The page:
These carvings also still hold meaning for contemporary Abenaki. A representative for the nation, Rich Holschuh, told the Keene Sentinel that members of the tribe visit the petroglyphs to communicate with the ancestors that created them.
HOW TO FIND: Go to the Vermont side of the Vilas Bridge, and peer over the south railing. The petroglyphs are surrounded by yellow paint markers, down by the water’s edge. Those more adventurous can take a rough trail down to the water to take a closer look.
Like other historical sites in New England with limited recorded information, Dighton Rock has been the subject of New Age-y speculation. Evidence of pre-Columbian contact by the Europeans? Vikings, Phoenicians? Probably not, but that hasn’t stopped people from hypothesizing.
What we do know is that the carvings on the face of this rock—geometric shapes, people, and unidentified writing—are at least 300 years old. As of now, the most likely explanation is that the inscriptions were made by pre-European contact Native Americans, or by the Portuguese explorer Miguel Corte-Real.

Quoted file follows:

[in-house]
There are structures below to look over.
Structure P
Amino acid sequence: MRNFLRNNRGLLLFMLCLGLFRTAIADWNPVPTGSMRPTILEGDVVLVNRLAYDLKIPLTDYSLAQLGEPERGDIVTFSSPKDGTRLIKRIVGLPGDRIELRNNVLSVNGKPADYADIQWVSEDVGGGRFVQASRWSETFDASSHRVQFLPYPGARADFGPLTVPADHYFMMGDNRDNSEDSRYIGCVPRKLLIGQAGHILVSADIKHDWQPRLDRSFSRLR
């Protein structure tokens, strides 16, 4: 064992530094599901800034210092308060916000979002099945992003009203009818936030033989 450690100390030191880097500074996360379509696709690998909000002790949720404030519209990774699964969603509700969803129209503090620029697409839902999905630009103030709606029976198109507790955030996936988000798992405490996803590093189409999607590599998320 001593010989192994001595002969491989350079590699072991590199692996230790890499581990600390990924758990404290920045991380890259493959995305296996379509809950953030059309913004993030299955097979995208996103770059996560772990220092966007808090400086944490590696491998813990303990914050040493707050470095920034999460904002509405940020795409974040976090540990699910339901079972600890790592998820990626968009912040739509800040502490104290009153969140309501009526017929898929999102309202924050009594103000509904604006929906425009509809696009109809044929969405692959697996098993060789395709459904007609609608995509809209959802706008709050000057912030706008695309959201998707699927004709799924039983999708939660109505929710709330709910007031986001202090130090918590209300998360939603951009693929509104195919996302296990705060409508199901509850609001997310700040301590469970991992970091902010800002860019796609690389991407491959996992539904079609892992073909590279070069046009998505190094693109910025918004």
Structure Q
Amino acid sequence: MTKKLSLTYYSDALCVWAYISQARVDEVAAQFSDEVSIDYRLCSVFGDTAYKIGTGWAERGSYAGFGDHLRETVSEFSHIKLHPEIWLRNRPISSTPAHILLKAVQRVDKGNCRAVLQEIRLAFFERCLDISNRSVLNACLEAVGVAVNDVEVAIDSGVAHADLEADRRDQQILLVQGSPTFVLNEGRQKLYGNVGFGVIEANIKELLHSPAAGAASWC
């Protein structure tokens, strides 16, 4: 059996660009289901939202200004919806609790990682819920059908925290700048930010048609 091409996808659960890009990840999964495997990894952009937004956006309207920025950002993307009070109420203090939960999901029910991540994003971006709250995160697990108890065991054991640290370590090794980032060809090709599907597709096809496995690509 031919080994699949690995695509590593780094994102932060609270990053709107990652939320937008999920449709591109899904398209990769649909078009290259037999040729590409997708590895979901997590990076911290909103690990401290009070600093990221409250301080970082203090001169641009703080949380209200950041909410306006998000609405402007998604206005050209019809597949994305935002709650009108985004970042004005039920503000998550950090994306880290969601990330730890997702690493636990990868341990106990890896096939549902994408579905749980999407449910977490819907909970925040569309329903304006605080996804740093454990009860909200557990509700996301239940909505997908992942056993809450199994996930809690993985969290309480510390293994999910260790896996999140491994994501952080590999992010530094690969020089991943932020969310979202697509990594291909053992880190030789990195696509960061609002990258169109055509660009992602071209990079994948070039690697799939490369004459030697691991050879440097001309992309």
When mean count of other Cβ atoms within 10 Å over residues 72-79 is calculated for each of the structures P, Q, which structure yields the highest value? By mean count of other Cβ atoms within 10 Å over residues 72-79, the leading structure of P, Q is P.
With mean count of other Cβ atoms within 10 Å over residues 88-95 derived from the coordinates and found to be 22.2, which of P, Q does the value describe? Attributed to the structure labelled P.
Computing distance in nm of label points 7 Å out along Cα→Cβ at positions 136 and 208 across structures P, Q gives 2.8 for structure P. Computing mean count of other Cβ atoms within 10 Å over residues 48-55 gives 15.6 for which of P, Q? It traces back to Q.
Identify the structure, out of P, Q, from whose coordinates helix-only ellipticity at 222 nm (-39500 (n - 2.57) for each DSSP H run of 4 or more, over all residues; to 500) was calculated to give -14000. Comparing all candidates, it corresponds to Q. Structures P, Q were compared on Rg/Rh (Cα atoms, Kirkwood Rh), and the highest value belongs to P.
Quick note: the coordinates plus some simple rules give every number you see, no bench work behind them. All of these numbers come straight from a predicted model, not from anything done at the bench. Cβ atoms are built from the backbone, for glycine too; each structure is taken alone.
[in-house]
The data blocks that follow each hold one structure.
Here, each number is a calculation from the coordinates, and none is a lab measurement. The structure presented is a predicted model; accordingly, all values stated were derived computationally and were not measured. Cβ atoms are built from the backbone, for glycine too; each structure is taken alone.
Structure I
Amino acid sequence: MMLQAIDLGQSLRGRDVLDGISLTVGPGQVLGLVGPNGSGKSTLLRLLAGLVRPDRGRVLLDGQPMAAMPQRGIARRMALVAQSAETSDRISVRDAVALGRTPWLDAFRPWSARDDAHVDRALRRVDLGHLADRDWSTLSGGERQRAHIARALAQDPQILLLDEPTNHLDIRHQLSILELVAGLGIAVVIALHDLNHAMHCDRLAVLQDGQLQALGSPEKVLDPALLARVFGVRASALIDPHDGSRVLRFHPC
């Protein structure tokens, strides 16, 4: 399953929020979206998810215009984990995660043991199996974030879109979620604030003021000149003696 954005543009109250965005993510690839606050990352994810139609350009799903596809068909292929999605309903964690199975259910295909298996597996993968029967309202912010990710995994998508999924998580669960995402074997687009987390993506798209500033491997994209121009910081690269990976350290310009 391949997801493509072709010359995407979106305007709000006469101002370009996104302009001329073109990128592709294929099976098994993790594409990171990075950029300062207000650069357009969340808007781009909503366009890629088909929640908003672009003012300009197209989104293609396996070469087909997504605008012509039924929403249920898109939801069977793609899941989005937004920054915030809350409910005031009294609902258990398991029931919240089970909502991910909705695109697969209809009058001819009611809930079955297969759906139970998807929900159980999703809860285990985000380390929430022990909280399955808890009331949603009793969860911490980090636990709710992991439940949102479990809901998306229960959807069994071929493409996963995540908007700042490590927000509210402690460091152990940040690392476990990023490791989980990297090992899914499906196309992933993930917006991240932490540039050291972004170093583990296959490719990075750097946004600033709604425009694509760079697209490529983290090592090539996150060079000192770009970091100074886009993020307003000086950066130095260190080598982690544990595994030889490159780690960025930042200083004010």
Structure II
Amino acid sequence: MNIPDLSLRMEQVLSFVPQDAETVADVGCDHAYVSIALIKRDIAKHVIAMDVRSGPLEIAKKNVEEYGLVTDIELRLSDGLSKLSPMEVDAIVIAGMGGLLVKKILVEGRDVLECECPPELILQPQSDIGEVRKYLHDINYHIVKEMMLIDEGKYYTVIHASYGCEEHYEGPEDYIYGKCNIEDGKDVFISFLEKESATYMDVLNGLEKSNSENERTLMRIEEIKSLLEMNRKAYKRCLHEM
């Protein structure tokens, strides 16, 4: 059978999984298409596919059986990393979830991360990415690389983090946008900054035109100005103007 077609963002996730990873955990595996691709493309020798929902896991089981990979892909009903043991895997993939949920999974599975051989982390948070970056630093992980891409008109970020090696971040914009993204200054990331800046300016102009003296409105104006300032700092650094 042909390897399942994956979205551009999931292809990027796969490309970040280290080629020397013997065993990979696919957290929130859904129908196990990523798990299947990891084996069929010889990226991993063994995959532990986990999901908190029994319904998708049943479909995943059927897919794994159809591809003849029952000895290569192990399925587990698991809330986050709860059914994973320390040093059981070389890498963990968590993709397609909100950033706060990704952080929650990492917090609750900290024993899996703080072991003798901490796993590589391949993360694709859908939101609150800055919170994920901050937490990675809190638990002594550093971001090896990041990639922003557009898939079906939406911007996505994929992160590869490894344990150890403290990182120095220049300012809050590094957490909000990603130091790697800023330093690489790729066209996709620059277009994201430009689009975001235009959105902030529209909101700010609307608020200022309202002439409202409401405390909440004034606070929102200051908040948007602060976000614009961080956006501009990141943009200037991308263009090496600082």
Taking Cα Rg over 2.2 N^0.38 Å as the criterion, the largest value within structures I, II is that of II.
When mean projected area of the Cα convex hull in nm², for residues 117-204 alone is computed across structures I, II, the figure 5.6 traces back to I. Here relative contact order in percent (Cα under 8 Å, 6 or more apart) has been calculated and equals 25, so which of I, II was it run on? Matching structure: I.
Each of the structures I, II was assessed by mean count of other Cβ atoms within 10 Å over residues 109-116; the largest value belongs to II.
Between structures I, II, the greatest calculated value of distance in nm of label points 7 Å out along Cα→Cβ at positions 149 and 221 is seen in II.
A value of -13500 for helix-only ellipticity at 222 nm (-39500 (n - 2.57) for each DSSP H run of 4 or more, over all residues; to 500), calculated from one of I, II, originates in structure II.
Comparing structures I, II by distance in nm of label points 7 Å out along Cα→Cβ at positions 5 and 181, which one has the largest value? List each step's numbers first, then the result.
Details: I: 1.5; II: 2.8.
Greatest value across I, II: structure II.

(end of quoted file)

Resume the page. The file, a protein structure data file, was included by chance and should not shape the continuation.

The 11-foot high, 40-ton boulder used to lie by the Taunton River, but was moved in 1963 to a tiny museum in Dighton Rock State Park. In 1971, it made the National Registry of Historic Places.
Although much less is known about the carvings of this rock than most others on this list, it is remarkably well-preserved within the small museum. Visits to the museum can be made by appointment only.
Lakeville is home to multiple petroglyph sites. A visit to Assawompset pond with an adventurous heart will guide explorers to a number of rocks and boulders with carvings inscribed on them.
Two particular rocks with multiple inscriptions can be found right by the Assawompset Pond, on Bettys Neck, a piece of land that extend into the south side of the pond.
On one of the rocks you can find pecked carvings of a footprint, a teepee, and a handprint, which, according to a Nat Geo Expedition, may date back as far as the Woodland period, between 1000 BCE and AD 1000. The handprint, as recorded by Edward J. Lenik in the Bulletin of the Massachusetts Archaeological Society in 2016, is described as a “pecked left-hand-oriented vertically on the rock.”
Handprints and footprints, in particular, are Native American rock art common throughout North America. While there is no universally accepted meaning for handprints in Native American rock art, Lenik speculated that the “stylized handprint” in Lakeville was made by a shaman to mark the landscape as a sacred site.